I would like to preface this post by stating that I’m sure others in my extended family will know more information about Magdalene than I do. This will be only a brief profile of my great-grand aunt, but I would love to hear from other family members who can share more details about her.
Martha Magdalene Barrett was the only sister of my great-grandmother Julia Ellen Barrett. Known as Magdalene, she was born on February 17, 1897 in Granite City, Illinois. She was the second of five children born to Albert Patrick Barrett and Helen “Nellie” O’Hare. After a move to Pennsylvania in 1906 and the death of her father in 1910, Magdalene, her mother and siblings settled in Los Angeles, California.
With her dark hair and sweet smile, Magdalene was the beauty of her family. In 1917, at the age of twenty, she married Lawrence Gilbert Cook. On July 24, 1918, their only child, Lawrence Gilbert Cook, Jr., known as Gil, was born in Los Angeles.
On September 12, 1918, Lawrence Cook enlisted in the military. The United States had entered World War I the previous year. His draft card lists Magdalene as his wife and their address as 3088 Eighth Avenue in Los Angeles.
In 1920, according the US Census, Magdalene was living with her mother, Nellie Barrett, her son Gil, and her three brothers. Her occupation was listed as being a telephone operator at the telephone company. On the census form, Magdalene is noted as being married, although her husband was not living with her. World War I had ended in June of 1919, but Lawrence and Magdalene had not resumed living together after his return from service.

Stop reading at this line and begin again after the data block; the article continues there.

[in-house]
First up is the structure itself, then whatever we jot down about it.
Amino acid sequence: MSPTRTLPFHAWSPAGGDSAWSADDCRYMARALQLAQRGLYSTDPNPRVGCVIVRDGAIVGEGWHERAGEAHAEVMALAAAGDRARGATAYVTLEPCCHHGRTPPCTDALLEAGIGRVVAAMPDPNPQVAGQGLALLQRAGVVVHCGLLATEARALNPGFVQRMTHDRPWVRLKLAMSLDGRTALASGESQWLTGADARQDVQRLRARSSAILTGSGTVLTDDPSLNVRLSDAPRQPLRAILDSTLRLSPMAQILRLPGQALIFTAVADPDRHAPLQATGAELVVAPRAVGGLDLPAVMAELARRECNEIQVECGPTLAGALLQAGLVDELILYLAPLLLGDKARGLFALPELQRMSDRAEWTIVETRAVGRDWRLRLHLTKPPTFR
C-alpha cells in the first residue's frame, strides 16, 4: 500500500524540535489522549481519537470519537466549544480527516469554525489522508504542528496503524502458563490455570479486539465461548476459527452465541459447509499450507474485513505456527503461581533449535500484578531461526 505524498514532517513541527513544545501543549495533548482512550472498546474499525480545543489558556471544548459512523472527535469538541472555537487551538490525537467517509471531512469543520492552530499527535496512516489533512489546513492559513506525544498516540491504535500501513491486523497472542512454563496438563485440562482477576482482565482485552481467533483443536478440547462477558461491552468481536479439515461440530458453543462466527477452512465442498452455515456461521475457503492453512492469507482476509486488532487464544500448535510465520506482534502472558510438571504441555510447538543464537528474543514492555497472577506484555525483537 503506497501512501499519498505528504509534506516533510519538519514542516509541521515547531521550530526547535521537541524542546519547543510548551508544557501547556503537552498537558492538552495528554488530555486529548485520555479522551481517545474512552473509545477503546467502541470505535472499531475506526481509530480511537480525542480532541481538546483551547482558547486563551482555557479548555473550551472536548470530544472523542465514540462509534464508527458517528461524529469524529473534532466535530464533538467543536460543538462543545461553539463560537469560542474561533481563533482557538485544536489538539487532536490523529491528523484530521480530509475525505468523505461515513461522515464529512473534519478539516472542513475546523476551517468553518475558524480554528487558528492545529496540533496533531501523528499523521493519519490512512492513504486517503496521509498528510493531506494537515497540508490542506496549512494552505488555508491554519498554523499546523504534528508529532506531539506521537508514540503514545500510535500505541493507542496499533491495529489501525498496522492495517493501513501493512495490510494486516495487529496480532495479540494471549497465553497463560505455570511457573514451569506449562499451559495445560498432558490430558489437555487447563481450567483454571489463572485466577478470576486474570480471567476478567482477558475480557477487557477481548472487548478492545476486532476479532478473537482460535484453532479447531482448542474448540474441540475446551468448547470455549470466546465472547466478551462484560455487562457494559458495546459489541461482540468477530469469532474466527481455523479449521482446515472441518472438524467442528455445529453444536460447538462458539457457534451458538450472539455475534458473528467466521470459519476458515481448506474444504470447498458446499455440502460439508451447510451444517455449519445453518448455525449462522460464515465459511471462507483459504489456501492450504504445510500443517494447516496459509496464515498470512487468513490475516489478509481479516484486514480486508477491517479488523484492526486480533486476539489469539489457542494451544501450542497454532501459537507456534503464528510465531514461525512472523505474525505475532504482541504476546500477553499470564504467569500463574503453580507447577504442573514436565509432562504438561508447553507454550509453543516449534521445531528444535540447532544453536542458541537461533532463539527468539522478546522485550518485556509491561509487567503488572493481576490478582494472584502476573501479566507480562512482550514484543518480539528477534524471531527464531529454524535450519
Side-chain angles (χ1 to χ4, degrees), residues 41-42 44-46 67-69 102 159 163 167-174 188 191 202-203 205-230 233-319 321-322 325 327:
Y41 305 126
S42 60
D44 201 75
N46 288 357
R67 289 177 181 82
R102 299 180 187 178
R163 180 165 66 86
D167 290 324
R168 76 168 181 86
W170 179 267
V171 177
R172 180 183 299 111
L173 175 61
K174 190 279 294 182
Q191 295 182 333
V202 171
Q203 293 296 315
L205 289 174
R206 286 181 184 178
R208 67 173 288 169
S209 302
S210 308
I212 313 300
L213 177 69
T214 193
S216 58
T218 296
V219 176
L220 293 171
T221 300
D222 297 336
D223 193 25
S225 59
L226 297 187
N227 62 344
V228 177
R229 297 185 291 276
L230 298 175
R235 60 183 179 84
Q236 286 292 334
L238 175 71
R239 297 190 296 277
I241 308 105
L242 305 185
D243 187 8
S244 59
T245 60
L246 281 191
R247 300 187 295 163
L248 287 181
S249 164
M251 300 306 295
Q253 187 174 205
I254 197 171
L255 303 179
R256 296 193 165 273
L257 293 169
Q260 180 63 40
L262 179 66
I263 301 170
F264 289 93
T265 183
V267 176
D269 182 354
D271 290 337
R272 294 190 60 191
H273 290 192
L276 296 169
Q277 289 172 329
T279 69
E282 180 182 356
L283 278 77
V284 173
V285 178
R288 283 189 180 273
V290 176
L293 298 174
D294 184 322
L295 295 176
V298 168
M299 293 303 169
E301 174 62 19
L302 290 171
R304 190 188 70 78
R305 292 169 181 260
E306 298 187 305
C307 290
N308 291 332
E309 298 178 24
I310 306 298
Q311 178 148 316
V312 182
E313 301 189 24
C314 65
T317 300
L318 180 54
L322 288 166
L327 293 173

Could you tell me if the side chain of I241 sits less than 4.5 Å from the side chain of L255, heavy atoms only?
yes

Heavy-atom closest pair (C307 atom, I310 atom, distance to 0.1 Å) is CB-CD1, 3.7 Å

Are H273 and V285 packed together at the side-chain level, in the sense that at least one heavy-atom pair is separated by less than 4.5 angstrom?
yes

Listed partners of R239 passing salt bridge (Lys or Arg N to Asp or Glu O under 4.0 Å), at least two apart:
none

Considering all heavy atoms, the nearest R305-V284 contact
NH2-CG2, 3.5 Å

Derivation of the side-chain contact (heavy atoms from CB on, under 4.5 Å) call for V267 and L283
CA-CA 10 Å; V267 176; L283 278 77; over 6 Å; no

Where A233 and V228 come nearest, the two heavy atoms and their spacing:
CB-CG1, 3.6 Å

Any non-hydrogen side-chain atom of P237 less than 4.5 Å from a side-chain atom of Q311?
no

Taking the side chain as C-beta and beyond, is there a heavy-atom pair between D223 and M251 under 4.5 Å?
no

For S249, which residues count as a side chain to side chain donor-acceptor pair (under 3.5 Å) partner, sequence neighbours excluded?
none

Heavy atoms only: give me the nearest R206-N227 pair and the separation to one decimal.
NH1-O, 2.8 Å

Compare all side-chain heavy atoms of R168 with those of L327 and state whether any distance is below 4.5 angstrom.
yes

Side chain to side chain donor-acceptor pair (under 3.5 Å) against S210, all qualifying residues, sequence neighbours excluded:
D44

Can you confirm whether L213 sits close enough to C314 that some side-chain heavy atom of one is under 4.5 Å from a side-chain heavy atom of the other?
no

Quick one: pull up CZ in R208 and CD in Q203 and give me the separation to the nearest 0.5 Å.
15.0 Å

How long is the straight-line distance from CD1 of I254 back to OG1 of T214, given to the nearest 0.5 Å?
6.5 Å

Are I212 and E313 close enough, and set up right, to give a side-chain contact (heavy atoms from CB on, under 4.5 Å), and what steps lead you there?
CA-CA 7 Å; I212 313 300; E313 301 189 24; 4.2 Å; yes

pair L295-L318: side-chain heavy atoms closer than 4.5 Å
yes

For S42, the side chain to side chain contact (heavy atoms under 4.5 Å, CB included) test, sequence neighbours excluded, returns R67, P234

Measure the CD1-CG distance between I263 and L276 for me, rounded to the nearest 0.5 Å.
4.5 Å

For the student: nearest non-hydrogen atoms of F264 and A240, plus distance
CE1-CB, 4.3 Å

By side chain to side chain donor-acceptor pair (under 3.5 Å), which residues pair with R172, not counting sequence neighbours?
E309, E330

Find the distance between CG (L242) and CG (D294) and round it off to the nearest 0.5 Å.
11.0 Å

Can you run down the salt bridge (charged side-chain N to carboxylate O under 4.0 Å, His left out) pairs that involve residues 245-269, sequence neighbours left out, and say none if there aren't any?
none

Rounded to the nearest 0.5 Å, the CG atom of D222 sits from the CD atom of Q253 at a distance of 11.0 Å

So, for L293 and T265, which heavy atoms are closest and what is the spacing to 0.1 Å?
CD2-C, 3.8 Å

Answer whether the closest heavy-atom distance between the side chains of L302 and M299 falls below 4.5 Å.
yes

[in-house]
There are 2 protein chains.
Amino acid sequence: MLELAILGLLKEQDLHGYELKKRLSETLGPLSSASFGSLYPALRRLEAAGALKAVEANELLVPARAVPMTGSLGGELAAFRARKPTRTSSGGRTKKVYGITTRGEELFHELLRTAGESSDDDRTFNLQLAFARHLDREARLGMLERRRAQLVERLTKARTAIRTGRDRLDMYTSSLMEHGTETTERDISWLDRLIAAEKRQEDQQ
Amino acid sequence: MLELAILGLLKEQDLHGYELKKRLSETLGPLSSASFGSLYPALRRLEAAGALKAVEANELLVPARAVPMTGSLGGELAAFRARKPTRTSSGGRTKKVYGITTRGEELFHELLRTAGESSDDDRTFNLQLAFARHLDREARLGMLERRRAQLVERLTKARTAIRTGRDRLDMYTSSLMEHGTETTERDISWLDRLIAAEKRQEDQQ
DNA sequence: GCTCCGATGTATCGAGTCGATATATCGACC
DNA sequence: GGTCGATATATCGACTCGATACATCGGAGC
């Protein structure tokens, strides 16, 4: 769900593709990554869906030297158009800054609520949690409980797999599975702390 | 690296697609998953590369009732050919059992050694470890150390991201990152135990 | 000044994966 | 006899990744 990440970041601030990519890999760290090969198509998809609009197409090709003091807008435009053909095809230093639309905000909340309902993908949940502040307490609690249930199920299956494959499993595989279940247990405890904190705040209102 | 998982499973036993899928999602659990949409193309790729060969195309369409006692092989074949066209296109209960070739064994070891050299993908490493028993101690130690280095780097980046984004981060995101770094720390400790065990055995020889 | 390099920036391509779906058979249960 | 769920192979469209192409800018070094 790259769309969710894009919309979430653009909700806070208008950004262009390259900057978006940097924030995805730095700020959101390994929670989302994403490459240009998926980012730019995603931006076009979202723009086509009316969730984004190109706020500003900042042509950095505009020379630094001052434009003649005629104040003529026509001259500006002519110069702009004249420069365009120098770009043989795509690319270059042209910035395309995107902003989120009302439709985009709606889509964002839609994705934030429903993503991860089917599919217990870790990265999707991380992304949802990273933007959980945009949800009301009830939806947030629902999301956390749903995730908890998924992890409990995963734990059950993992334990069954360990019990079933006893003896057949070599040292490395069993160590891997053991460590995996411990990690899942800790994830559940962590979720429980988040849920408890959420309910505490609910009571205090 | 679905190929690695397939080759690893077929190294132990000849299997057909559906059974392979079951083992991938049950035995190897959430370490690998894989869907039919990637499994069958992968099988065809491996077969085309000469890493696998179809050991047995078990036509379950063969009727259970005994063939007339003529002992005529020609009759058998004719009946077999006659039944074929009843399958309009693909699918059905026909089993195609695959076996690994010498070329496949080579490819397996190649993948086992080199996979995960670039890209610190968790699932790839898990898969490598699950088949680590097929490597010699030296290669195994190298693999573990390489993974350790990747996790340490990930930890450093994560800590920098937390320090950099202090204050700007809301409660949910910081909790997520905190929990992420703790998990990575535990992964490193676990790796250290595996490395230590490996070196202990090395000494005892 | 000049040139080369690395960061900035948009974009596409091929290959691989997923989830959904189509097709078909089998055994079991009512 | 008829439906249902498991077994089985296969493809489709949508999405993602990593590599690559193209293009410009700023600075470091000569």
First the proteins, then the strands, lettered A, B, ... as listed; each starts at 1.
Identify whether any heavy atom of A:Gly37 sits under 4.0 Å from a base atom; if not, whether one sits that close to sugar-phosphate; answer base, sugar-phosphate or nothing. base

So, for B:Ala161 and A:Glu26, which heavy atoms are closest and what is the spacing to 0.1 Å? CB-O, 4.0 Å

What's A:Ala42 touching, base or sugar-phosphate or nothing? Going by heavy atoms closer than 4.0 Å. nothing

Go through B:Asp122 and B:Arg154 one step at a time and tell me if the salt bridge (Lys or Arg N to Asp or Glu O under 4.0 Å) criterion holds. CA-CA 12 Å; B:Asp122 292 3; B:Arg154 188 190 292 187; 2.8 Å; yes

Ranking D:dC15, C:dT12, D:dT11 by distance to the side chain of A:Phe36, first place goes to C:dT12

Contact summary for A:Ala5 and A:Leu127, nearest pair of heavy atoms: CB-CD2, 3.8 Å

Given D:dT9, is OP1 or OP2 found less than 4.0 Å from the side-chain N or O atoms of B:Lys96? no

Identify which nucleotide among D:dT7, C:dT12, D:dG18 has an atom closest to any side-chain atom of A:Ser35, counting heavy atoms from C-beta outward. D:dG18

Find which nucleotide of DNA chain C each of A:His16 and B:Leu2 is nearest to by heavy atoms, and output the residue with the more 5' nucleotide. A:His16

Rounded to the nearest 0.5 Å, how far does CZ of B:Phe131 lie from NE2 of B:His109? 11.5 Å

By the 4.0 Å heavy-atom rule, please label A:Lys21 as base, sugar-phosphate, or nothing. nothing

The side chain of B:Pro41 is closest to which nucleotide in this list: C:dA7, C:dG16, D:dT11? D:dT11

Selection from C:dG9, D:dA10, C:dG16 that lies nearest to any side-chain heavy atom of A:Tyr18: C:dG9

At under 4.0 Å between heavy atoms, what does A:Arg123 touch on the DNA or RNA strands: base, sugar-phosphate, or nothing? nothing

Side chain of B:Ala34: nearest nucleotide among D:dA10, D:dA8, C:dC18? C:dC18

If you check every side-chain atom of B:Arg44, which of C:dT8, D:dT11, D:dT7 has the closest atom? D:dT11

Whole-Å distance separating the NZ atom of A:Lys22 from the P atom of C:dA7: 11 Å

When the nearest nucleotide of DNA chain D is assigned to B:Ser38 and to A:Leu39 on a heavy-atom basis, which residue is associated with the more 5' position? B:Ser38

Sometime in the early-to-mid 1920s, Magdalene and Lawrence Cook were divorced. Magdalene, like the rest of her Barrett family, was a Catholic, but the divorce effectively separated her from the church.
Magdalene remarried Robert “Bob” Leslie Rutherfurd. Bob was the half-brother of Magdalene’s brother-in-law, George Roscoe Rutherfurd, husband of her sister Julia. Magdalene and Bob’s daughter, Patricia “Patty” Mary Rutherfurd, was born on May 16, 1928, making her ten years younger than her half-brother, Gil.
The family eventually moved south of Los Angeles. In 1934, Magdalene, Bob and the children were living in San Pedro, and then in 1935 they were living in Wilmington. In 1940, the census shows them in Long Beach.
On February 27, 1941, Magdalene’s son Gil enlisted in the military. The United States entered World War II on December 8, 1941, and Gil served in the 436th Bomber Squadron, stationed in the South Pacific. On October 28, 1943, at the age of 23, his plane went down near Burma and he was killed. Magdalene was informed that her son was missing in action via a telegram, and it took many months before she learned the circumstances of her only son’s death. I will discuss this further in future blog posts.
Magdalene died on March 5, 1970 in Sierra Madre, California. She was the grandmother of eleven children born to her daughter Patty.